school met in the homes of church members while waiting for a proper church building. With world conditions increasingly tense, financing a new building was an uncertain proposition. The members decided to raise enough money to contract with the builder and borrow $4,200 from the American Church Building Fund to build a parish hall that would double as a nave until a permanent nave could be built. Members began worshiping in the “shingle church” on Claiborne Avenue in 1942, with 100 communicants and 50 baptized members. In seven short years, the St. Columb’s mission had achieved parish status. In 1960, the building the congregation had hoped for in 1941 was complete.
During the years on Claiborne Avenue, St. Columb’s developed as a neighborhood church. Always a “service” church, the guilds were active in outreach, making bandages for cancer patients and hosting an annual Christmas party for female patients at Whitfield, the local hospital for treatment of the mentally ill. The men began a rich tradition of their own, the annual Oyster Supper. This event was the major fundraiser for the Men’s Club and ran for 50 years.
In 1968 St. Columb’s welcomed a newly formed school for children with learning disabilities. Heritage School became the first accredited school for these children in the state. The school used our facilities without charge and was the answer to prayer for many parents. Heritage School operated continuously until 2006 when it was decided that the public schools were doing a good job of educating these children and the ministry was no longer needed. The school was housed at St. Columb’s for all but two years during which we were transitioning from one location to another.
In 1986 after Bishop Gray challenged the Episcopal churches in Mississippi to feed the hungry, a ministry began which became known as Iona House (Isle of Outreach for Neighborhood Assistance). At first the ministry operated out of the trunks of parishioners’ cars, and groceries were delivered to people in need. After the purchase of a small house located next door to the Claiborne Avenue church, Iona House had a permanent home. From then until today, we have fed literally thousands of hungry people out of that location. The ministry is still going strong with all donated funds going to purchase groceries and upkeep of the house, and all labor supplied by volunteers.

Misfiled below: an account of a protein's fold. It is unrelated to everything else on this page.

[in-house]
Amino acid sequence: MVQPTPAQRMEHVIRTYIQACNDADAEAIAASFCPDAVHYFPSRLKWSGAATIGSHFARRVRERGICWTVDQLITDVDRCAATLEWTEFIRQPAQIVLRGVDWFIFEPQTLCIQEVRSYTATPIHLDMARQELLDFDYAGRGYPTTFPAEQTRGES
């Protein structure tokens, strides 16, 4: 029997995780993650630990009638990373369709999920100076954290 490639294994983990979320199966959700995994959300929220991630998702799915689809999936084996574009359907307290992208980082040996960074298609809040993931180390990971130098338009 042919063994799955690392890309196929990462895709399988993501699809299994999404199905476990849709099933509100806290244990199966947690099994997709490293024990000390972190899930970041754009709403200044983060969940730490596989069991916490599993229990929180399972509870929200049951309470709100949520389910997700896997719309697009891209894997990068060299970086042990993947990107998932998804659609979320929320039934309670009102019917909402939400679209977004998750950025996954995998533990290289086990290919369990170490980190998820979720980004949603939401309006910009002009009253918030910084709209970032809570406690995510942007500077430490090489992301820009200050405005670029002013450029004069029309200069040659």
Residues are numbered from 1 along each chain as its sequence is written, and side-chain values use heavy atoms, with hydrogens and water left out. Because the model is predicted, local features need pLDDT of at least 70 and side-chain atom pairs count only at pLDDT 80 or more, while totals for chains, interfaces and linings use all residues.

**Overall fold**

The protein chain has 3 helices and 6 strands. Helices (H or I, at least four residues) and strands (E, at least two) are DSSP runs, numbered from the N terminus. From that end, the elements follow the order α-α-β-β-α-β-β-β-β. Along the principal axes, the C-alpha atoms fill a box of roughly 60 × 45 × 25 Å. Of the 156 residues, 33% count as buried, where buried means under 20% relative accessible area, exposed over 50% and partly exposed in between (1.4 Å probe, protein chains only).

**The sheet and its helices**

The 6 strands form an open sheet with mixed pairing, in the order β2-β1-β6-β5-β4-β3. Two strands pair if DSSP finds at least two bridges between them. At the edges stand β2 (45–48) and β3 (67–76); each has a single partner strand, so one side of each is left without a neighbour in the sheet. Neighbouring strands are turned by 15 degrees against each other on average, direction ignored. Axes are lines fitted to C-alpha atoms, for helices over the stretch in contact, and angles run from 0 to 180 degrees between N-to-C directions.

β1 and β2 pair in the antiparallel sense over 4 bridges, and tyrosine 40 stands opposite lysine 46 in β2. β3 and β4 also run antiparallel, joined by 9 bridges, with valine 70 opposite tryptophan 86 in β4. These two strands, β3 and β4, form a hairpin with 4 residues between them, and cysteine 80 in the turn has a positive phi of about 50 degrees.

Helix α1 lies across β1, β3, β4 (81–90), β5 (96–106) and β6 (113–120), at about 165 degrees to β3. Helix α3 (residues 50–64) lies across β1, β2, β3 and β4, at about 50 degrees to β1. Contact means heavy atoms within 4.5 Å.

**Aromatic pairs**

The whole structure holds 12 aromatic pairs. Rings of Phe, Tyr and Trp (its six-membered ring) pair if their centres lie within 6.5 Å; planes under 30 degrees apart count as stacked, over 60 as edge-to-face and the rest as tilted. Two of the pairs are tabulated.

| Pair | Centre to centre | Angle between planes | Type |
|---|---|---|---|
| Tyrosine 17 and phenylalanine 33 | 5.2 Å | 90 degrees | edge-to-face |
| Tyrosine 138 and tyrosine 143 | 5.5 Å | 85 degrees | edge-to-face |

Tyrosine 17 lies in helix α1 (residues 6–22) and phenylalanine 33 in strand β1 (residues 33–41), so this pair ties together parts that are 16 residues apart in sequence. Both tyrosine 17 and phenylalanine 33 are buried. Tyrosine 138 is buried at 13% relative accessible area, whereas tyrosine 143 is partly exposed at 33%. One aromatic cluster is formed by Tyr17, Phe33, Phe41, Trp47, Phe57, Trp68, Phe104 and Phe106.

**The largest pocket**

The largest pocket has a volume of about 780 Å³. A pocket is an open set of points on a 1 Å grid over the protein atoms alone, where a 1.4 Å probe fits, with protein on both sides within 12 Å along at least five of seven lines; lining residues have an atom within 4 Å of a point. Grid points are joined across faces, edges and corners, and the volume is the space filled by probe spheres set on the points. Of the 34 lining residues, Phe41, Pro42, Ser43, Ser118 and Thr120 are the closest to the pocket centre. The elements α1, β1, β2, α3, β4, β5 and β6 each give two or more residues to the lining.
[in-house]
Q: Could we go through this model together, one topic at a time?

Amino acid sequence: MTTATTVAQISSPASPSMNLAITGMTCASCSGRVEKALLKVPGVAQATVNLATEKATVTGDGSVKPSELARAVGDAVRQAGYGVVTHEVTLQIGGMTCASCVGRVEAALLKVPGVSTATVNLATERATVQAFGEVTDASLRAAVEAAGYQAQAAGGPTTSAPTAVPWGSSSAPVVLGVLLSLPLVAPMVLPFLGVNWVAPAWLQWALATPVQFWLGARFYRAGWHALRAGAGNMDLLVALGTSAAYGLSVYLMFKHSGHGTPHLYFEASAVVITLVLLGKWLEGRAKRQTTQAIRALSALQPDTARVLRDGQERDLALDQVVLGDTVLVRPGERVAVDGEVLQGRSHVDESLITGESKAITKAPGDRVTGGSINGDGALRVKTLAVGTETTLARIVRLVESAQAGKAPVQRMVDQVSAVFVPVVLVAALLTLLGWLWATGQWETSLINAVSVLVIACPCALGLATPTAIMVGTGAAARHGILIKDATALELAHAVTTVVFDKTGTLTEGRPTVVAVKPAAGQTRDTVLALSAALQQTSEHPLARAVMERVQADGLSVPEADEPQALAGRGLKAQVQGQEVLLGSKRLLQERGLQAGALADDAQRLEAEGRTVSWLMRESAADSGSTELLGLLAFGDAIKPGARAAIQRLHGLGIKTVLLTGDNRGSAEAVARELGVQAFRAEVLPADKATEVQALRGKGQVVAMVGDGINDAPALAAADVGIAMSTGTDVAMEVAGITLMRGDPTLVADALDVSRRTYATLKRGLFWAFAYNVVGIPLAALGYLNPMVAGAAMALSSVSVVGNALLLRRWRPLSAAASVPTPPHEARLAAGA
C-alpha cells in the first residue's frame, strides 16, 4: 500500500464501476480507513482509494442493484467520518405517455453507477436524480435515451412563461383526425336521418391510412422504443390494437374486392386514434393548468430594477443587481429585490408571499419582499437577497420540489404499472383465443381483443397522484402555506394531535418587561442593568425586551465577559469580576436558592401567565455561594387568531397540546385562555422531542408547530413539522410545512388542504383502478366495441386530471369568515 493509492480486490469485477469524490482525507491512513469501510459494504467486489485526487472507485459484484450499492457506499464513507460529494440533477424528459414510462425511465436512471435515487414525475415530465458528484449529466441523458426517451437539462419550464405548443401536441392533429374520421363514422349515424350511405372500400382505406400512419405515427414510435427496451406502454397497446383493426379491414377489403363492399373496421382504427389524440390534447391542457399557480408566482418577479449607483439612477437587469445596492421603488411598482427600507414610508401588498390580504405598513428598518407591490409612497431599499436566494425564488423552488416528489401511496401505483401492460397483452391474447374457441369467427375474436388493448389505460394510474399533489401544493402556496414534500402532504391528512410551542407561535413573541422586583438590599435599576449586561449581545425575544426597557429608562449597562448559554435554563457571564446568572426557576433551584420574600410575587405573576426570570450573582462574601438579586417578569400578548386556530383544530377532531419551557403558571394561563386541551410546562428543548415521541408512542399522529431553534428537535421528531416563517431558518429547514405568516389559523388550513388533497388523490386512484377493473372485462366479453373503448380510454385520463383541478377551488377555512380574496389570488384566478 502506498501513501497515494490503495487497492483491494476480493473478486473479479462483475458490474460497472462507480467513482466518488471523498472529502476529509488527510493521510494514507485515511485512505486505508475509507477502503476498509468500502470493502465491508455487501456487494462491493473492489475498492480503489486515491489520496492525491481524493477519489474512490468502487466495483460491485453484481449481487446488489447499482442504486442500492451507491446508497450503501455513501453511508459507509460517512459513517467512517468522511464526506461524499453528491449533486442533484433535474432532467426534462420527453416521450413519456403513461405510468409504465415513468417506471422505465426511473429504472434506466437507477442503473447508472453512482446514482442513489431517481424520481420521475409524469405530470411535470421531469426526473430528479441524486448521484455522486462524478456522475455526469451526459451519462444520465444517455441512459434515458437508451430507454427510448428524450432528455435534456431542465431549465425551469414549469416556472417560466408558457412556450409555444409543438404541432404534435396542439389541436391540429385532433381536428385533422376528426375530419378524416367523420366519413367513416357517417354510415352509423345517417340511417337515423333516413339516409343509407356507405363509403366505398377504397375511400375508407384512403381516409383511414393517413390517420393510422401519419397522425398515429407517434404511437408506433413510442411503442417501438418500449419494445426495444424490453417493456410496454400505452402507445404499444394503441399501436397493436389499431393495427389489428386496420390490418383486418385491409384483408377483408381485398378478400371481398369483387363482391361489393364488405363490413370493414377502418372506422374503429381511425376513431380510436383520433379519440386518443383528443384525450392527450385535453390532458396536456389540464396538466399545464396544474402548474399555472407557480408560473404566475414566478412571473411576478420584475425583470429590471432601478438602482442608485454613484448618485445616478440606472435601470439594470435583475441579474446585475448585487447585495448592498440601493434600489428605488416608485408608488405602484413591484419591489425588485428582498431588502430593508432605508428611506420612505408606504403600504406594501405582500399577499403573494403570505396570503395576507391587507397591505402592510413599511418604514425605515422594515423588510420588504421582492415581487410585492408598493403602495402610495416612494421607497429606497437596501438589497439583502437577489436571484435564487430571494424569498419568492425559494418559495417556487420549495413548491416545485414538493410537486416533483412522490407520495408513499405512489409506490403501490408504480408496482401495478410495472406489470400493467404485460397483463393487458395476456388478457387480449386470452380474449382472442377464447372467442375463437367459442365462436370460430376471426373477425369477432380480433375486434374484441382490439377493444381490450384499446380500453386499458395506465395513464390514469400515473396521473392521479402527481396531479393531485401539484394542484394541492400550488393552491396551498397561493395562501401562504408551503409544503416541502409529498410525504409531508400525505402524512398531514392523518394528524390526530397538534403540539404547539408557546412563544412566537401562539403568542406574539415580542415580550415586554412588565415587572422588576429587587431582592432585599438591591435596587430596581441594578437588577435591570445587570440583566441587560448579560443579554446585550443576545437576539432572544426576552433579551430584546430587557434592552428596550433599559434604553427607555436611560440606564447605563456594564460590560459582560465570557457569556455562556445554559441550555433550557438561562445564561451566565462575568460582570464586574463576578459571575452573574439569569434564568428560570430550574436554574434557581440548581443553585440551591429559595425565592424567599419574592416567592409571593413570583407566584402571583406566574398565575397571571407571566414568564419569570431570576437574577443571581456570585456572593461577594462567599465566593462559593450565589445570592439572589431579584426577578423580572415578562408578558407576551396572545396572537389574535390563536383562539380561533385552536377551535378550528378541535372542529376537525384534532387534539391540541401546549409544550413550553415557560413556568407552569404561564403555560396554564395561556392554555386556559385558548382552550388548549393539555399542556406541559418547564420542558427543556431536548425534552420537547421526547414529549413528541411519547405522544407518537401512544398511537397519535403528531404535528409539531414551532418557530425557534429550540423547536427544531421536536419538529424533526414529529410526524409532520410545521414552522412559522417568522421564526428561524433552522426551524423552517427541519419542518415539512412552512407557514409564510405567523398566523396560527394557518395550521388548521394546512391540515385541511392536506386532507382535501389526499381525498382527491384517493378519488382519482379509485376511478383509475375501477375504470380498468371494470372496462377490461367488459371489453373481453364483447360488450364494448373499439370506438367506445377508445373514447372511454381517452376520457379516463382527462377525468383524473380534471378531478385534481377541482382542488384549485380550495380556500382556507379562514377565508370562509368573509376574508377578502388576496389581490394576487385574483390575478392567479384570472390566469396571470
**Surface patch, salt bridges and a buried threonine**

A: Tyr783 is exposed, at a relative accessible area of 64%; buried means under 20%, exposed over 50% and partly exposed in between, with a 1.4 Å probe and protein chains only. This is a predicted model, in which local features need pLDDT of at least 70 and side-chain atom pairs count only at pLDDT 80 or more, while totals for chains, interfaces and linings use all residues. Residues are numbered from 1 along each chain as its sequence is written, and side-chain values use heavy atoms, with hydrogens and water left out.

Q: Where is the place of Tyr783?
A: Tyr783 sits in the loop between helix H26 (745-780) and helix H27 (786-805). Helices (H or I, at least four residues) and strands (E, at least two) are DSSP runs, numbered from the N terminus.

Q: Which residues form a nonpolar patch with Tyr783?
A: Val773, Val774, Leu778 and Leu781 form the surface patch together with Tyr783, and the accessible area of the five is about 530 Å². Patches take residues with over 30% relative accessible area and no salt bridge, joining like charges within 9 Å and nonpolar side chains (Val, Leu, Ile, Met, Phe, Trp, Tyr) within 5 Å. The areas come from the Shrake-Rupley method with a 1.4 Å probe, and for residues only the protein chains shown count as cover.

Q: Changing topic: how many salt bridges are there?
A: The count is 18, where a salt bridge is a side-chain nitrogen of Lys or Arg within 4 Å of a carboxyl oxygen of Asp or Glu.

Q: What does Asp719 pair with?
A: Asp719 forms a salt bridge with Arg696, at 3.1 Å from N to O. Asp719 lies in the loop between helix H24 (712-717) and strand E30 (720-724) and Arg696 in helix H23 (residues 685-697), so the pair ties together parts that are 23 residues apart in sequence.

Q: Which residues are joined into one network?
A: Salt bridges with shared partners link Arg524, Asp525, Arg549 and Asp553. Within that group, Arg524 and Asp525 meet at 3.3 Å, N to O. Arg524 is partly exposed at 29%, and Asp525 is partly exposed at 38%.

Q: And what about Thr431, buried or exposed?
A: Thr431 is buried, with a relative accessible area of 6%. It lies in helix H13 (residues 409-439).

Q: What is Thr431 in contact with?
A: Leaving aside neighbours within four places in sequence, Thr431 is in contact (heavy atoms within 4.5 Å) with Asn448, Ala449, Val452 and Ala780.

St. Columb’s stayed on Claiborne Avenue in west Jackson until 1994. By that time, many of the members of St. Columb’s had moved from their original neighborhood in west Jackson. The church membership had suffered a serious decline and visitors were few and far between. As such, the congregation decided to buy a nine-acre parcel of land in Ridgeland and met in the St. Andrew’s upper school cafeteria until a parish hall and temporary nave could be constructed on the Ridgeland site. Following the example of their forbearers, the first building on Sunnybrook Road, completed in 1998, doubled as a parish hall and nave until 2009, when the current nave was completed.
Today, St. Columb’s continues in its numerous ministries and in its growth. The overwhelming response from those who are asked why they keep coming to St. Columb’s is, “It’s the people.”
A group of women (members of a guild) at St. Andrew’s in Jackson saw the need for a church in the fast-growing neighborhood of west Jackson. In 1941, nine women and three men, all communicants of St. Andrew’s, made formal application to Bishop William Mercer Green to form a mission church. Within weeks, the bishop named a mission committee and the congregation of 30 held Sunday services at 5 p.m. in the Trinity Lutheran Church on the corner of Rose Street and Grand Avenue.
Both laity and clergy alike agreed that Sunday school was of paramount importance, so without waiting for proper classrooms, the membership got busy and made do. Sunday